I identified with the outsiders to the village: Flaccus, a Roman deserter, and Jeshua, a Judean healer and rogue. Both men are where they ought not to be and are in serious jeopardy if they were found out. They try to hide within the community of disciples. Evading the authority of Rome is a nice trick if they can pull it off.

You can feel drama and tension on every page. The military language works well to increase the tensions I felt in the pit of the stomach.

I recommend this novel to fans of Lliteras’ biblical books and his military books. He has   produced another winner.

—David Willson

Float by David Eyre

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David Eyre’s darkly comic 1990 Vietnam War novel, Float, has long been out of print. We just learned, however, that the book has been available in electronic form since 2017 (Shannon Eyre, 393 pp., $9.99, Kindle).

Float, Eyre’s first (and only) novel is very, very good. It’s a funny, well-crafted story centering on Navy Lt. J.G. John Paul Dubecheck, who finds himself lost in the moral and physical morass of the Vietnam War. Dubecheck is realistically portrayed as a cynical survivor who gets in over his head time after time in the war zone.

Among many other misadventures, he has not-satisfying sex with at least four women: a U.S. Marine nurse hooked on heroin; a stateside hippie during an LSD trip while on R&R; a South Korean singer; and a Vietnamese prostitute.

Eyre, who served as a Navy officer in the late sixties, pulls all this off splendidly—the characters, the physical places, and the dialogue. The plot is a tad thin at times, but the book is densely packed with weird, wired moments in the war.

—Marc Leepson

The Dancing Leaves Fort Hamilton Brooklyn By Pierre Gerard

Yakova Lynn, the widow of Pierre Gerard, has followed the wishes of her husband, a U.S. Army Vietnam War veteran, in dedicating the posthumously published  The Dancing Leaves: Fort Hamilton Brooklyn (Merriam Press, 416 pp., $22.95, paper) to disabled American veterans.

Pierre Gerard (a pseudonym) had a distinguished military history. He was raised an Air Force brat by his Strategic Air Command pilot father. His French mother, a native of Le Havre, was a war bride.  His uncle was a highly decorated Korean War veteran. We reviewed his first novel, Le Havre: A Riveting Expose for Our World Today, on these pages in 2015.

Gerard served in the U.S. Army Security Police at Soc Trang during his 1967-68 Vietnam War tour of duty. Afterward, his professional career, his wife tells us, was spent as a “dedicated librarian.”  The Dancing Leaves deals with Vietnam War veterans at the Brooklyn VA Hospital, along with espionage, the Mafia, undercover agents, and crime bosses. This is a complex story—and one that at times confused this reader.

The very first page of this long novel refers to “rear echelon crap” and to a lifer as being a “regular John fuckin’ Wayne.”  So from the start, the author flies the colors of the sort of novel it is likely to be.

Of course, the biggest clue about the nature of this novel is the title.  Dancing Leaves is not a title that made this potential reader eager to read a Vietnam War novel, or to even suspect that this was one. Luckily, the book is much better than the title. At least a thousand times better.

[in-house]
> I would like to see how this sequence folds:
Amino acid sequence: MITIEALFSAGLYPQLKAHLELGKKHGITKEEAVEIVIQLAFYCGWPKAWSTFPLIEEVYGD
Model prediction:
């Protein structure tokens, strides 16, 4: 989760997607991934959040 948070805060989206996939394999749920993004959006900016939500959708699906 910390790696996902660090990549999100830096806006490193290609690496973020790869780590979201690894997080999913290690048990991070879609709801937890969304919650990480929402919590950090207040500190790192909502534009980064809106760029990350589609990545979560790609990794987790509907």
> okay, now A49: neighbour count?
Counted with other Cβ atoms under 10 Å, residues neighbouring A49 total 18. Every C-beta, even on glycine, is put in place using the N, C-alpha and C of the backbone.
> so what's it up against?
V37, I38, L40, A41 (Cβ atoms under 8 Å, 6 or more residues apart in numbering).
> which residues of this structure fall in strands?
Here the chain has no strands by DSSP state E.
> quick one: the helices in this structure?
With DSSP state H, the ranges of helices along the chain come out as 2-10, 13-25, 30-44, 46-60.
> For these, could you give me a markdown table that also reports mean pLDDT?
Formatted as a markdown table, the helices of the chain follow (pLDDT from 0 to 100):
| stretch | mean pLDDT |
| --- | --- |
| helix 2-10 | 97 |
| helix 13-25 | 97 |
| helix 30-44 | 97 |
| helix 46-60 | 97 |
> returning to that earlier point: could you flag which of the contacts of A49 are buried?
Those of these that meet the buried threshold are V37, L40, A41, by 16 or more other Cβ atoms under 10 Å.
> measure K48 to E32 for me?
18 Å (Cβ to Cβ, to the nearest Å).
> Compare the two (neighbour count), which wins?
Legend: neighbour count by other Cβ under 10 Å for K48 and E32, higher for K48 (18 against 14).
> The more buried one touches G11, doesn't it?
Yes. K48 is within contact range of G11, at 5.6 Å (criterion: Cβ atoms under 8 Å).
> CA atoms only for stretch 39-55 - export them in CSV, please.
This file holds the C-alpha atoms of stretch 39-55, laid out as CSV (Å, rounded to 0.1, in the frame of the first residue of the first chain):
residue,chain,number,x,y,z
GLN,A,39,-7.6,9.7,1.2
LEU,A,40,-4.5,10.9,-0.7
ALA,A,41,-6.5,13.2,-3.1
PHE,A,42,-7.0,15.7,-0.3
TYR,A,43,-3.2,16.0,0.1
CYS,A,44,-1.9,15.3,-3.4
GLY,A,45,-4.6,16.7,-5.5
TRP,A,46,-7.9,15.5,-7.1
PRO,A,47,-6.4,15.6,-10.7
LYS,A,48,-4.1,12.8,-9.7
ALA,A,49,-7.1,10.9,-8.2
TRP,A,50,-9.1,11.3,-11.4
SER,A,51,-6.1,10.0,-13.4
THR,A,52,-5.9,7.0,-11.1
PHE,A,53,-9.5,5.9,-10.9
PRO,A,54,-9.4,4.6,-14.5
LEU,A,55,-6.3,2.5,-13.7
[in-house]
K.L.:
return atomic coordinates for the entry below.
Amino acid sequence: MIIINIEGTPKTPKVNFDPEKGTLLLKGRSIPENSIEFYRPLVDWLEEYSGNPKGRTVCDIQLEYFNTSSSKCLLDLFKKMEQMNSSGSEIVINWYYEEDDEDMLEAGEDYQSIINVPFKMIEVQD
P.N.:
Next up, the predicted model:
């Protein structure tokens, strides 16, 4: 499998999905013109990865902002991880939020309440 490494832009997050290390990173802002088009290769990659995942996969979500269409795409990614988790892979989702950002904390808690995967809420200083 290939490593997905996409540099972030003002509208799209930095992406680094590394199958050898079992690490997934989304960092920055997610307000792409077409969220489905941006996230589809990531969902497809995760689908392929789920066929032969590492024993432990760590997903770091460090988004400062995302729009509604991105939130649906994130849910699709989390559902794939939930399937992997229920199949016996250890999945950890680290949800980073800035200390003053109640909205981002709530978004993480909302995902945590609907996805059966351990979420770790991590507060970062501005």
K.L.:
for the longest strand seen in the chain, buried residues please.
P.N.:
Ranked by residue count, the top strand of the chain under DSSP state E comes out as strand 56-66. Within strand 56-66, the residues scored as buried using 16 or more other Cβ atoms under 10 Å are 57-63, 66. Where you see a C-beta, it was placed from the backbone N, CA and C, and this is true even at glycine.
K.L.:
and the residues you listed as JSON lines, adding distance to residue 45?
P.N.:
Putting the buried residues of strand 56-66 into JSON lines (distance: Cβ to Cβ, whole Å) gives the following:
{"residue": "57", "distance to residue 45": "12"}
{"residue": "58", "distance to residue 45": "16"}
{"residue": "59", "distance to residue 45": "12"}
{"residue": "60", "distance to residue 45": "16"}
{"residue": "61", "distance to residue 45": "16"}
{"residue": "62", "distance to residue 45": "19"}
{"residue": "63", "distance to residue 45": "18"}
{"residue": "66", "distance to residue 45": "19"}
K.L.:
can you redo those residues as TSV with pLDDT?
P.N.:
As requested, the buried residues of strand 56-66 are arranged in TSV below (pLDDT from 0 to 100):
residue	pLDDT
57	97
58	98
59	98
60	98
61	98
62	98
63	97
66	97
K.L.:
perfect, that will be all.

I highly recommend The Dancing Leaves to those who are jones-ing to read another Vietnam War novel—-one that walks down some paths than are usually not trod.

The book also contains some worthy poetry and a lot of images, which sets it apart from the vast majority of Vietnam War novels. Some of the photographs made me shudder, as they show Vietnamese prisoners blindfolded in those red and white napkin-like affairs that indicate these poor fellows are likely to be shot.

—David Willson

Sea Hunt by Dale Dye

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Dale Dye, the Marine Vietnam War veteran who made a name for him as Hollywood’s pre-eminent military technical adviser, is also an actor, director, and novelist. His fictional output includes seven well-received Shake Davis novels, and now—for the first time—a Young Adult novel, Seat Hunt: A Novel in the World of Shake Davis (Warriors Publishing Group, 184 pp., $14.95, paper; $5.99, Kindle).

Dye has not left his excellent storytelling behind in his adult novels. Sea Hunt is another well-written, engrossing page turner. Just because it is labelled a YA book, does not mean that this ancient adult did not find much to enjoy in it.

The main character, Shake’s daughter U.S. Navy Lt. Junior Grade Tracey Davis, “is well-occupied leading active duty sailors at the base Ocean Systems Office, but she’s hardly safe,” Dye writes. One day an old friend from her days working in Belize shows up looking for a girl they saved from sex traffickers in Central America.

The story begins at the New England Aquarium in Boston, with Tracey studying octopuses so she can better understand color patterning.  We meet Tracey in a weird. wavy image reflected in the tank glass.

“Shaggy and disheveled,” she says. “I look like Aquaman with boobs.”

Before this small novel is wrapped up, Tracey encounters a shark that rivals any we’ve seen portrayed by Hollywood and engages in gun battles with serious bad guys.

Dye writes this novel in accessible prose with a minimum of difficult Navy terminology. As a character, Tracey Davis is easy to identify with. And easy to root for. I found myself doing both.

Well done, Capt. Dye.  You have produced another winner.

–David Willson